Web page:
Voters are roughly split on whether the Senate should remove President Donald Trump from the White House ahead of a historic vote slated for this week, according to an NBC News/Wall Street Journal poll released Sunday.
The survey found 46% of registered voters say the chamber should vote to remove the president from office, while 49% think it should not do so. Even so, 52% of respondents believe Trump abused his power by asking a foreign government to investigate a political opponent, and 53% say he obstructed Congress by not cooperating with the impeachment investigation. Those are the two charges the House leveled against the president in the articles of impeachment it passed in December.
The poll also found 39% of voters think the Senate has enough information to make its decision, while 37% say it needs to collect more information. Another 22% responded that they do not know enough to say. The GOP-held chamber voted against calling additional witnesses Friday in a 51-49 vote.
The poll, conducted Jan. 26-29, comes only a few days before the Senate is expected to acquit Trump on Wednesday. The trial started about two weeks ago, and Democrats had pushed for the chamber to seek more documents and testimony from former national security advisor John Bolton, among others.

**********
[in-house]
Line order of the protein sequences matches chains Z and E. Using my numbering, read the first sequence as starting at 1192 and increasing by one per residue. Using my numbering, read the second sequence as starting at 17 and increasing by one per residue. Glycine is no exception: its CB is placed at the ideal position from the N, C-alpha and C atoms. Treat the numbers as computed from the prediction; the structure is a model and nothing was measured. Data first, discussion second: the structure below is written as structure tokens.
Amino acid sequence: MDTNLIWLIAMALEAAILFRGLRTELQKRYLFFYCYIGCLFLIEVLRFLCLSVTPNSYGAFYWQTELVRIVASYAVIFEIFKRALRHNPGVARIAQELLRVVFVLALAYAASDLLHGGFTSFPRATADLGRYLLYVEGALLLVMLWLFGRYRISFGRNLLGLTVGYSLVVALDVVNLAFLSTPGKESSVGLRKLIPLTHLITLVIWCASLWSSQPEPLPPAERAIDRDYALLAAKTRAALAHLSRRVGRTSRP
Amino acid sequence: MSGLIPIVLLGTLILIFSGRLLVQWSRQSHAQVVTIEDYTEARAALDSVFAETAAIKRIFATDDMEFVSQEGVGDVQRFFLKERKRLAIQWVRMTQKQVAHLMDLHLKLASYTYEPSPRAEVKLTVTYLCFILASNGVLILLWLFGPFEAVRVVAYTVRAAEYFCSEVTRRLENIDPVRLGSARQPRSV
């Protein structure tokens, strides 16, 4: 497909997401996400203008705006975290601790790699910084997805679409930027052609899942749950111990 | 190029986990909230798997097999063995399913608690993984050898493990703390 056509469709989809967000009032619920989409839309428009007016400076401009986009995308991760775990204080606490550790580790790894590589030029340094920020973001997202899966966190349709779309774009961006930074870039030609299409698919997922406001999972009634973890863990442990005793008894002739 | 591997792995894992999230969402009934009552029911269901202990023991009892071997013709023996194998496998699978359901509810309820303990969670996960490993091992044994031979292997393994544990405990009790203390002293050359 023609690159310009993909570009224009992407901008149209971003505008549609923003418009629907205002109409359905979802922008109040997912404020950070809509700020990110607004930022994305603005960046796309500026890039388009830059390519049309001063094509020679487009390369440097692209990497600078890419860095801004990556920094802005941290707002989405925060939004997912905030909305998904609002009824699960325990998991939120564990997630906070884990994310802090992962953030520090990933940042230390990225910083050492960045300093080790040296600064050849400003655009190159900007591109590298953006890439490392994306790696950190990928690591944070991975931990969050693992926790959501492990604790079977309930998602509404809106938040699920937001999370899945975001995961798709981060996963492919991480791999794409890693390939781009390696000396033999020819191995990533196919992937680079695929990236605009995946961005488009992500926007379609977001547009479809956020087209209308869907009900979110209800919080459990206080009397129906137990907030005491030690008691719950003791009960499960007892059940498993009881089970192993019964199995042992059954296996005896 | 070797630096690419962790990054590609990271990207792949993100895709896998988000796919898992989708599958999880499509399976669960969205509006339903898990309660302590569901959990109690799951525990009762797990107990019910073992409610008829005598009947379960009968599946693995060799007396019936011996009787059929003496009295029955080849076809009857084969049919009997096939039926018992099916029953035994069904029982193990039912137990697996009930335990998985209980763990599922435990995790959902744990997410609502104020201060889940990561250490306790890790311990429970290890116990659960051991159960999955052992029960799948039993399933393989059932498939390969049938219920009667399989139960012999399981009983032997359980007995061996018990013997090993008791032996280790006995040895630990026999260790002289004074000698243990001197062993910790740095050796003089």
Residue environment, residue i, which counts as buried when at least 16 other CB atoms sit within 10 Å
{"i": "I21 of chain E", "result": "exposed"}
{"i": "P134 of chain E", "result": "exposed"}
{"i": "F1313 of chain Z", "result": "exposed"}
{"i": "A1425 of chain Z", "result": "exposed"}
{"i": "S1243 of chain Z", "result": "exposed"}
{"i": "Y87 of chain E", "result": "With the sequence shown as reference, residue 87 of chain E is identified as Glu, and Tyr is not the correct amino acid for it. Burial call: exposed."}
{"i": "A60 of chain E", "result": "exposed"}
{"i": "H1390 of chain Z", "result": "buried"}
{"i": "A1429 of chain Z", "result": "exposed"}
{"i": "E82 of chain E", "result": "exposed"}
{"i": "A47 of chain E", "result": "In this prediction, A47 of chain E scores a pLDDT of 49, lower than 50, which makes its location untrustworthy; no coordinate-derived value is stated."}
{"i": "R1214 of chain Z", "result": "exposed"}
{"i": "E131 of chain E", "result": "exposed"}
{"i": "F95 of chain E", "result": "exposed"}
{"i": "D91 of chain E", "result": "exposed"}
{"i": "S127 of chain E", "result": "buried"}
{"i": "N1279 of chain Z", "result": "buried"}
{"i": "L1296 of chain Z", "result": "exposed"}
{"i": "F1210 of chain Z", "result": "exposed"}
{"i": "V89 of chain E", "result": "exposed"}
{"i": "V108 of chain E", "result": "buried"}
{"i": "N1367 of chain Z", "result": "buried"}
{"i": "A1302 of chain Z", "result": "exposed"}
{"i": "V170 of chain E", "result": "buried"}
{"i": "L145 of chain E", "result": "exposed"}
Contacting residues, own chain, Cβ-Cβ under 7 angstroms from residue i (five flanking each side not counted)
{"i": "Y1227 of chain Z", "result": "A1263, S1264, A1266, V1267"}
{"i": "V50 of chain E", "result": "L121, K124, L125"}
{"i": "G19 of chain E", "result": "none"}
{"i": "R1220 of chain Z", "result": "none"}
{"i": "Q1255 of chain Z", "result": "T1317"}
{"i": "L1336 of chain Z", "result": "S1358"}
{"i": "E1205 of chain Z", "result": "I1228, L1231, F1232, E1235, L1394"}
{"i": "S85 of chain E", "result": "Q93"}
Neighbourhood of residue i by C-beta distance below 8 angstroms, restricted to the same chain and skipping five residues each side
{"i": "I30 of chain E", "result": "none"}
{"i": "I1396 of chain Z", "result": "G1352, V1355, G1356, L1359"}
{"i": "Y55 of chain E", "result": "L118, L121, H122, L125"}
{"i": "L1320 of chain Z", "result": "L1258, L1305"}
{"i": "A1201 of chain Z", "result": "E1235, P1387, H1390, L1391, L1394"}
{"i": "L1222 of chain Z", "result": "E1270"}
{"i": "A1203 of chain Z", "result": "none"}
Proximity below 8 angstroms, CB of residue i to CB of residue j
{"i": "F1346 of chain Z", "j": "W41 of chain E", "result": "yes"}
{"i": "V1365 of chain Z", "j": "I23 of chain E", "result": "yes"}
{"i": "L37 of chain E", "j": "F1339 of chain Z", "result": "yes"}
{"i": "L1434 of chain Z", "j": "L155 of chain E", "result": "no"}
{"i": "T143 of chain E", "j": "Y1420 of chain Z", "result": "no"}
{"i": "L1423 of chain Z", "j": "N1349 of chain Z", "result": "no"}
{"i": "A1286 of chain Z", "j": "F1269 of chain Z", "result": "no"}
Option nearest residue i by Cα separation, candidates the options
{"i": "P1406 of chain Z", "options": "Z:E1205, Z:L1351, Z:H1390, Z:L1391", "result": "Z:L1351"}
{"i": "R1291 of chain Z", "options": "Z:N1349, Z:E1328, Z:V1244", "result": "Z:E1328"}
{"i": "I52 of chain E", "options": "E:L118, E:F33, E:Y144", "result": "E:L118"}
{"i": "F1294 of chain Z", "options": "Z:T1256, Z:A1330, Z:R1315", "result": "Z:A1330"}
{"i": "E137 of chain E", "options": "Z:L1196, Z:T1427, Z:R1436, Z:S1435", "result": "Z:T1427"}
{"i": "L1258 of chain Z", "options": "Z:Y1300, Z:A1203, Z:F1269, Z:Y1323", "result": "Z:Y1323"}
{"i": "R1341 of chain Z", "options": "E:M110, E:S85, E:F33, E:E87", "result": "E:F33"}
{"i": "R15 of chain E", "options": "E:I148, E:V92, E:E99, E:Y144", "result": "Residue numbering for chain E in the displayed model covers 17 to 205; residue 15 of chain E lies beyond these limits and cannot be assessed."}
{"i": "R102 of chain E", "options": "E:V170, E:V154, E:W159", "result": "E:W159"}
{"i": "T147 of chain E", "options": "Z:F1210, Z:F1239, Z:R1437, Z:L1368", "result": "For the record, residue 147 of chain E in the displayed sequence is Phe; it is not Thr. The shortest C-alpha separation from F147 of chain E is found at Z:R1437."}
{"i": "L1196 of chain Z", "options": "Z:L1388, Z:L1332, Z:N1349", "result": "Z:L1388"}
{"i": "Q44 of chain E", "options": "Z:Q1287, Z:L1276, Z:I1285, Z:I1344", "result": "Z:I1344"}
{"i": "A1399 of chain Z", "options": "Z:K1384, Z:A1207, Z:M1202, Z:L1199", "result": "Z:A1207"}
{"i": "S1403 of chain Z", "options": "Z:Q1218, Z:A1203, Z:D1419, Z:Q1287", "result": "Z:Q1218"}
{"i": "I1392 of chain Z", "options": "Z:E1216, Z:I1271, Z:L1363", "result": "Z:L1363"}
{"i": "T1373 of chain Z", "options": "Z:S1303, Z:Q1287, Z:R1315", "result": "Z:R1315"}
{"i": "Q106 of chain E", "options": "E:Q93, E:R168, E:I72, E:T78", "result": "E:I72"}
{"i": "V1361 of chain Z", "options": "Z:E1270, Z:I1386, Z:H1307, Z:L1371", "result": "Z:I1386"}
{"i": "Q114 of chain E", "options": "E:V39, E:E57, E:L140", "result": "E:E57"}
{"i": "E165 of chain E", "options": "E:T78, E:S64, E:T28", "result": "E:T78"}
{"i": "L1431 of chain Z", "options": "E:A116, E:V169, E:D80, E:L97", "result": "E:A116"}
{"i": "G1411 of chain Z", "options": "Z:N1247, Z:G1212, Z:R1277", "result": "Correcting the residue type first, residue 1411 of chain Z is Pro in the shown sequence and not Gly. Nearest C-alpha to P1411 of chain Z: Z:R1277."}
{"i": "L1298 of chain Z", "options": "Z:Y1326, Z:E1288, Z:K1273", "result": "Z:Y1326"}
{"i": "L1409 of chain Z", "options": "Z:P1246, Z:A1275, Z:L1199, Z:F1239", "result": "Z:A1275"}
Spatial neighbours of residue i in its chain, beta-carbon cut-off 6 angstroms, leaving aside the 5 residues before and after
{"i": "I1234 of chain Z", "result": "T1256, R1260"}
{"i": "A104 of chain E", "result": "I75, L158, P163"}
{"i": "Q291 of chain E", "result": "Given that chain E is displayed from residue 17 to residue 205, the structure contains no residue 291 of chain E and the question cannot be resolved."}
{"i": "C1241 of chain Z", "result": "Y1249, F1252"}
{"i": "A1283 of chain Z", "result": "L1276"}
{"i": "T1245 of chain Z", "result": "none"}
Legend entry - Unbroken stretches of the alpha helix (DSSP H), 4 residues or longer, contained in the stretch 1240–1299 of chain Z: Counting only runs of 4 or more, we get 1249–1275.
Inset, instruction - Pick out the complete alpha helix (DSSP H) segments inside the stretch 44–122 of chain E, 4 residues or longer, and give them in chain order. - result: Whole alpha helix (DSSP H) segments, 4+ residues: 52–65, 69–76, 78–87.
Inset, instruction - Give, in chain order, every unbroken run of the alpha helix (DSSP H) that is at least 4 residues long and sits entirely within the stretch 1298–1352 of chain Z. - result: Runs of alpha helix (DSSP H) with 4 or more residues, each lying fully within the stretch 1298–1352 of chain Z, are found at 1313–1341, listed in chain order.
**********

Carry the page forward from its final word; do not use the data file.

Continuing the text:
The House charged Trump with abusing his power by urging Ukraine to investigate 2020 presidential candidate Joe Biden and his son Hunter as his administration withheld critical military aid. It also charged him with obstructing the congressional probe into his conduct.
The poll also gauged who voters would choose in hypothetical general election matchups between Trump and Biden and other top 2020 Democratic presidential candidates. The first-in-the-nation Iowa caucuses on Monday start the process of voters choosing which Democrat will face Trump in November.
The former Vice President Biden fares best against Trump in the early head-to-head surveys. He leads the incumbent by a 50% to 44% margin, the poll found.
Sen. Bernie Sanders, I-Vt., has a 4-percentage point advantage, 49% to 45%. Sen. Elizabeth Warren, D-Mass., leads 48% to 45%.
Former South Bend Mayor Pete Buttigieg has a 1 percentage point edge, 46% to 45%.
Biden, Sanders and Warren all hold smaller leads over Trump than they did in a December survey.
Biden and Sanders are jockeying for position at the top of the Democratic field. The poll found the pair in a virtual tie nationally among Democratic primary voters. Sanders has a 27% to 26% edge over Biden.
Polling averages in the first three nominating states of Iowa, New Hampshire, and Nevada show potentially competitive contests, while Biden has enjoyed big leads in the fourth state of South Carolina.
The poll surveyed 1,000 registered voters and has a margin of error of plus-or-minus 3.1 percentage points.